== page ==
Olson reiterates her longstanding recommendation that Congress regulate unenrolled
tax preparers to protect taxpayers from preparer errors and exploitation. She
notes that 62 percent of taxpayers use preparers, yet anyone can now be a “preparer”
— with no training, no licensing and no oversight required.

The report also proposes a comprehensive framework for reforming the penalty
provisions in the tax code, which have increased from about 14 in 1954 to more
than 130 today. More specifically, the report recommends quick congressional
action to remedy particularly harsh consequences of a penalty enacted in 2004
to combat tax shelters. Section 6707A of the tax code imposes a penalty of $100,000
per individual per year and $200,000 per entity per year for failure to make
special disclosures of a “listed transaction.”

The penalty creates what Olson calls “unconscionable” results
and may have the effect of bankrupting middle class families who had no intention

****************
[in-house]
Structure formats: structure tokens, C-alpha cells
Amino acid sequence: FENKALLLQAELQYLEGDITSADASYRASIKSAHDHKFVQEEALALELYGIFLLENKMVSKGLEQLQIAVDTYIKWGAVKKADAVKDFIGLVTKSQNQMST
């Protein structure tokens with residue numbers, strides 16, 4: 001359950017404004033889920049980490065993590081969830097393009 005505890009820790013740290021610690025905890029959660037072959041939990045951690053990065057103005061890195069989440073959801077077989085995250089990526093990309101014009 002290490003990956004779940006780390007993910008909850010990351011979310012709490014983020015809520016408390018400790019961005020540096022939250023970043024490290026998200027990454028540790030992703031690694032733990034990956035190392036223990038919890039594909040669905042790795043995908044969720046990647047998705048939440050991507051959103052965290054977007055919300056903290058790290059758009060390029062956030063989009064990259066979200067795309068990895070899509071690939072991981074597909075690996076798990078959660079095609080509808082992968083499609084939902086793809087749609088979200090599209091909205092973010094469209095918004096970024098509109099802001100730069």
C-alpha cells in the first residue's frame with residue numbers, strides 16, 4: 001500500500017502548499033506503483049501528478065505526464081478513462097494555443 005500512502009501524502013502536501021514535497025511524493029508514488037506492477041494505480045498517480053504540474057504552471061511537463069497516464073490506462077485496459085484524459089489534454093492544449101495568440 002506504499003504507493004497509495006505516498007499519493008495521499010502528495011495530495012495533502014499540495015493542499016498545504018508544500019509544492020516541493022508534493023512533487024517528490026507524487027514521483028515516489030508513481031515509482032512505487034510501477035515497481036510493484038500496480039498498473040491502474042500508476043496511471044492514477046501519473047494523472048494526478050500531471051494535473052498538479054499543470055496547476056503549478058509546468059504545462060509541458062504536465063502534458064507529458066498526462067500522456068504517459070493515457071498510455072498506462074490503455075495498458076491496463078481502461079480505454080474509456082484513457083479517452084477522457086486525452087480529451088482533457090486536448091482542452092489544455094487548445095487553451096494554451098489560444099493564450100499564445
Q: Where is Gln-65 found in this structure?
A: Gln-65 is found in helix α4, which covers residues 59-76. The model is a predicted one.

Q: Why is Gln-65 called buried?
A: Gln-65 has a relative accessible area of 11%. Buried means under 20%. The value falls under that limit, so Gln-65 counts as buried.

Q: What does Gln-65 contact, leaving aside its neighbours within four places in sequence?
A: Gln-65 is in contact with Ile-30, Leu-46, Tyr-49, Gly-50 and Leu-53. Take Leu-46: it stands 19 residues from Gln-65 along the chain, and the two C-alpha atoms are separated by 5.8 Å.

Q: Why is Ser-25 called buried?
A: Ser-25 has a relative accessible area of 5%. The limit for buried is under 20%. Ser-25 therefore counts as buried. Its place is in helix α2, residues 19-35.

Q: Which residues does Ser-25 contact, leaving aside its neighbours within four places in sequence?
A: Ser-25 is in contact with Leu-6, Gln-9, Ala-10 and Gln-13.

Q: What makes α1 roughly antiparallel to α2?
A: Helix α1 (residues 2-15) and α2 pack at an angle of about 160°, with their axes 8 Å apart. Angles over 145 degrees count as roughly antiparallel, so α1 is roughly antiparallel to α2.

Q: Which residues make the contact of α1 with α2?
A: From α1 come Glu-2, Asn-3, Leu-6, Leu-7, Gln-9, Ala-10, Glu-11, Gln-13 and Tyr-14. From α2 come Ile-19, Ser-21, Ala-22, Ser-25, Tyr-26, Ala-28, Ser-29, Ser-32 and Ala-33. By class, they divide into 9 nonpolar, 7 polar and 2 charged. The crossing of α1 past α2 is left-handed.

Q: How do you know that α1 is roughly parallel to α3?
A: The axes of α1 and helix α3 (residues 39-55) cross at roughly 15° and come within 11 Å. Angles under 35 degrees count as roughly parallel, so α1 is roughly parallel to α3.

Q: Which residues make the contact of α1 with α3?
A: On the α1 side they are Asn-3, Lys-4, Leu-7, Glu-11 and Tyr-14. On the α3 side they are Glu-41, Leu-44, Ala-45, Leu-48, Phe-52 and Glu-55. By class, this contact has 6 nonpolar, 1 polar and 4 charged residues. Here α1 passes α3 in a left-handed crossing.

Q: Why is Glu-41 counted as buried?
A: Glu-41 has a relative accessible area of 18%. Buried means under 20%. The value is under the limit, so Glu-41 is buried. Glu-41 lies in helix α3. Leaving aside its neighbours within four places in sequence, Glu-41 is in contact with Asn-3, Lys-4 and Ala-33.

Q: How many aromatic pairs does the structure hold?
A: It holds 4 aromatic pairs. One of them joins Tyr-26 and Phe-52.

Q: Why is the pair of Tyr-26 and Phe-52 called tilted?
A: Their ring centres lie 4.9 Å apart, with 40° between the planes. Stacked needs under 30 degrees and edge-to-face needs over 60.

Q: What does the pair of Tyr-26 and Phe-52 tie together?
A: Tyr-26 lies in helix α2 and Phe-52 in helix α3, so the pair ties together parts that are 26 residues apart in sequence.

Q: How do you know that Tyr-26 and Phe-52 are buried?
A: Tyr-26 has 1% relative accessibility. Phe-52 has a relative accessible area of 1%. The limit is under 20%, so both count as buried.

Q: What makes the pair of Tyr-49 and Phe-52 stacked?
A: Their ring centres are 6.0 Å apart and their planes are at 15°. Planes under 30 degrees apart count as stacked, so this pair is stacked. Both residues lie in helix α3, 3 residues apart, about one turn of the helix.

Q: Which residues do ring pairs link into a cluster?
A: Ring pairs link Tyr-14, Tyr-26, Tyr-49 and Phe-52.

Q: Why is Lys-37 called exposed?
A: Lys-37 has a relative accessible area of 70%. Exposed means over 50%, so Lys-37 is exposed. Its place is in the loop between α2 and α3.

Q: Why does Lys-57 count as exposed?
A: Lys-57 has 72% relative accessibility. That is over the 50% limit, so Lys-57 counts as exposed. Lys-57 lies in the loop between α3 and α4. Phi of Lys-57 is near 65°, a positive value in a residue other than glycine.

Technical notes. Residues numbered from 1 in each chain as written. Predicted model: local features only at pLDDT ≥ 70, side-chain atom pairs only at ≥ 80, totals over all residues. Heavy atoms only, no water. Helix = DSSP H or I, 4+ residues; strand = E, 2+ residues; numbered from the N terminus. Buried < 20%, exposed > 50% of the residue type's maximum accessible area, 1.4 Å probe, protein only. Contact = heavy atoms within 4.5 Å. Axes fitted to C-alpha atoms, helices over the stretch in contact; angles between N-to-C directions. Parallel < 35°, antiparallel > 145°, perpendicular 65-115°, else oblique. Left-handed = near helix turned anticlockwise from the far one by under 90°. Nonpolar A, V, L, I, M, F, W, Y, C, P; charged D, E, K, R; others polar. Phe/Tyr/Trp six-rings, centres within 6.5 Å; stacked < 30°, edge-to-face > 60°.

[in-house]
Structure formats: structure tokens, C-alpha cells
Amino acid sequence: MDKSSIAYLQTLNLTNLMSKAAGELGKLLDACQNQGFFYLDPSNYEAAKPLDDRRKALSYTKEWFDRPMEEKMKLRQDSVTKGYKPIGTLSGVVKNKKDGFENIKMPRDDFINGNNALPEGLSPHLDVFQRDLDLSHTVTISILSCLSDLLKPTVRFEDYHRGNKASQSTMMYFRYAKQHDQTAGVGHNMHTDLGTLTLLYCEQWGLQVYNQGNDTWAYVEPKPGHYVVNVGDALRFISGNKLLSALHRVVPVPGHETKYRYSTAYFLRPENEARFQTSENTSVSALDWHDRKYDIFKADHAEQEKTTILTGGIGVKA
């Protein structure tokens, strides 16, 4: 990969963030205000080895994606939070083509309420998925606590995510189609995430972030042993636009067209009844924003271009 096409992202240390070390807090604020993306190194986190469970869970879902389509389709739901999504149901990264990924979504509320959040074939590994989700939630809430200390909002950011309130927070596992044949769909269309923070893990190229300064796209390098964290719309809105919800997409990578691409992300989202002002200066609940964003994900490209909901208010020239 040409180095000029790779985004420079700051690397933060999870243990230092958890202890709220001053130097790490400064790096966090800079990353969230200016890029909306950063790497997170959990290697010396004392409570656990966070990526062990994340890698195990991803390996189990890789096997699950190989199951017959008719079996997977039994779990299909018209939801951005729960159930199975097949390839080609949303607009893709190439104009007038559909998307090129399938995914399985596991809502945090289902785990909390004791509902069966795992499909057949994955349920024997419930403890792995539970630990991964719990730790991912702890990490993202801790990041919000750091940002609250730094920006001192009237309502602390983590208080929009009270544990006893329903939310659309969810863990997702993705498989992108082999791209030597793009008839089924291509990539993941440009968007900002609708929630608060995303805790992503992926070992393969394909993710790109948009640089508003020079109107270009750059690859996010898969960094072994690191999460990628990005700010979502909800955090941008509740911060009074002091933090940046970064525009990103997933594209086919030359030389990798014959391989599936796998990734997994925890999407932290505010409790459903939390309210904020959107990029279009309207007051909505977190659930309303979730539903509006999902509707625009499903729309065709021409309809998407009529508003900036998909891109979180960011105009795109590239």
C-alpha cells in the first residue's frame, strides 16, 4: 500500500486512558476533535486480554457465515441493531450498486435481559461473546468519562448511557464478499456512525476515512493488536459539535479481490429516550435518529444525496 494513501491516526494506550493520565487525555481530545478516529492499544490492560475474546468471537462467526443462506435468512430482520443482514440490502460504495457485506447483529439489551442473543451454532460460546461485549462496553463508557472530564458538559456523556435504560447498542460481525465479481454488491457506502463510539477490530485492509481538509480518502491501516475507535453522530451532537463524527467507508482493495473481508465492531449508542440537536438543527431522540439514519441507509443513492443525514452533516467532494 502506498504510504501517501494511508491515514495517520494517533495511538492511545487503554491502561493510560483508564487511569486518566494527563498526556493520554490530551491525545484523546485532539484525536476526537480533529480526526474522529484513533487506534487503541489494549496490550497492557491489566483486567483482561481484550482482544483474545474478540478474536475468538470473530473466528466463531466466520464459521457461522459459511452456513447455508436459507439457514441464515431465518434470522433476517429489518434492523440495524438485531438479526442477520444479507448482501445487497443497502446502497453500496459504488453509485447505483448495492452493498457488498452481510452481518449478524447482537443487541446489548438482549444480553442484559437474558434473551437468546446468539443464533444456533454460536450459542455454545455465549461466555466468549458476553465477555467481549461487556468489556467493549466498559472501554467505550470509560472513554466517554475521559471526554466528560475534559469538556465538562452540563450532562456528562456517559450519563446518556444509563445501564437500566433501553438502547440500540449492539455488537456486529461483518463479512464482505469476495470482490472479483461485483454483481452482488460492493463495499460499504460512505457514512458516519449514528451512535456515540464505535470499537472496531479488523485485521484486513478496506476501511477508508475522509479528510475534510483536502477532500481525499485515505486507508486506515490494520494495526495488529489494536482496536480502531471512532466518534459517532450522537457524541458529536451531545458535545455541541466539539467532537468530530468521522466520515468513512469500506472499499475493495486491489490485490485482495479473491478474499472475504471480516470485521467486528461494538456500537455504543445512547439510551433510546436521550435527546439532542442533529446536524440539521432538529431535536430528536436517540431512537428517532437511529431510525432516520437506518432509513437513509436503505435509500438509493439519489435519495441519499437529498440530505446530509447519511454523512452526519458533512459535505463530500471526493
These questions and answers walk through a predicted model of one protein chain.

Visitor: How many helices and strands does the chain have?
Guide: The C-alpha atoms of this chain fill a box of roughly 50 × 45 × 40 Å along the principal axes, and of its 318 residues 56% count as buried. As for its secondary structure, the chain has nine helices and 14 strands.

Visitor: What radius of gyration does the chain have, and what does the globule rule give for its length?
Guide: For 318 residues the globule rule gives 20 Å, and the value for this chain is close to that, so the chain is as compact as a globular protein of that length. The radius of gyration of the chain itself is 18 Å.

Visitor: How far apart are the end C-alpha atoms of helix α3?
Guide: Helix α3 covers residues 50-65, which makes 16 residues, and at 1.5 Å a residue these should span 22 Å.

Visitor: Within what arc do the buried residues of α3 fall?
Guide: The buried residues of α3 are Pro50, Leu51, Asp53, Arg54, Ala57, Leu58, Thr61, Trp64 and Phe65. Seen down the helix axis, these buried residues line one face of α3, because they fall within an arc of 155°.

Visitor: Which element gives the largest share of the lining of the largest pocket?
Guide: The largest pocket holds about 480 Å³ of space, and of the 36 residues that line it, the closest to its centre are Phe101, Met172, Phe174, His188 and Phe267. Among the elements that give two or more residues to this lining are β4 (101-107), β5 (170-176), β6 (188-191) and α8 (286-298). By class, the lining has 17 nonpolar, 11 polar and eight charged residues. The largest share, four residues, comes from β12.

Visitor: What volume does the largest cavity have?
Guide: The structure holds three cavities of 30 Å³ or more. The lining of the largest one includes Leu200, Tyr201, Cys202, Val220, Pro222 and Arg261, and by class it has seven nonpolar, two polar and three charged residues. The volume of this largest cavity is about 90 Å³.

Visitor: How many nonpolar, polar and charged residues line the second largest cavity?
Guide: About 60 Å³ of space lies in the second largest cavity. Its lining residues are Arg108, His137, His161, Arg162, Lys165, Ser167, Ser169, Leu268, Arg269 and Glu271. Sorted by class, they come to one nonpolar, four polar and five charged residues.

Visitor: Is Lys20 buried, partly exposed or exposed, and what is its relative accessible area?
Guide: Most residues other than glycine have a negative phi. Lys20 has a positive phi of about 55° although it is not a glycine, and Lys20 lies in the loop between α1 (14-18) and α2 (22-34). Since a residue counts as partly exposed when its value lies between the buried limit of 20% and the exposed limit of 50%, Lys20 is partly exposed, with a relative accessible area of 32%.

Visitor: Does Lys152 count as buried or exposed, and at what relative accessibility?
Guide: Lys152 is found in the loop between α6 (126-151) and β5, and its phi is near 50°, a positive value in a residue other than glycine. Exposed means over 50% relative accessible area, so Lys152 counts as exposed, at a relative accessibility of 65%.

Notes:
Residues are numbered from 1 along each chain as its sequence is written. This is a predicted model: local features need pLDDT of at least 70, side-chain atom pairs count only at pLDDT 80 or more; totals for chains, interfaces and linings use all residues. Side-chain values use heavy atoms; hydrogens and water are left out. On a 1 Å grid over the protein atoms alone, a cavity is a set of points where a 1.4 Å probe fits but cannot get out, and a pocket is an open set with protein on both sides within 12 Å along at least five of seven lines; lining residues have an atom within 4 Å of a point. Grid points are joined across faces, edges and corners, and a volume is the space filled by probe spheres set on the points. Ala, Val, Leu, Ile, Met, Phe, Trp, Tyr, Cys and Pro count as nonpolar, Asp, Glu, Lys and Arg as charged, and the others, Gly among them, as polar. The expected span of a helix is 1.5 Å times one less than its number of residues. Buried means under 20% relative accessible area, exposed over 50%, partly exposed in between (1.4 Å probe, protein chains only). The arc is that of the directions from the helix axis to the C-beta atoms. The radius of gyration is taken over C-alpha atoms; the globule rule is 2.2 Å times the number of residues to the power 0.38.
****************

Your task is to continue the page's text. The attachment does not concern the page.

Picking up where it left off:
of entering into a tax shelter. Under the law, the IRS must impose the penalty
where a taxpayer fails to make the special disclosures – even if the taxpayer
had no knowledge that the transaction was listed or even questionable, even
if the taxpayer derived no tax savings from the transaction, and even if the
transaction is not “listed” until years after the taxpayer entered
into it and filed a return reflecting the transaction. A taxpayer who does business
through a wholly owned S corporation is subject to a penalty of $300,000 ($200,000
at the entity level and $100,000 at the individual level) for each year in which
the transaction is reflected on a return. The IRS is currently considering this
penalty in hundreds of cases.

Overall, the report discusses 21 problems facing taxpayers, makes dozens of
recommendations for administrative change, proposes 17 recommendations for legislative
change and analyzes the 10 tax issues most frequently litigated in the federal
courts during the past fiscal year. It also contains a second volume that presents
in-depth studies on three subjects — the penalty regime in the tax code,
the development of a “filter” to protect low income Social Security
recipients from automated levies and strategies to improve tax compliance by
tax preparers and their clients.

More information about the IRS Taxpayer Advocate Service is at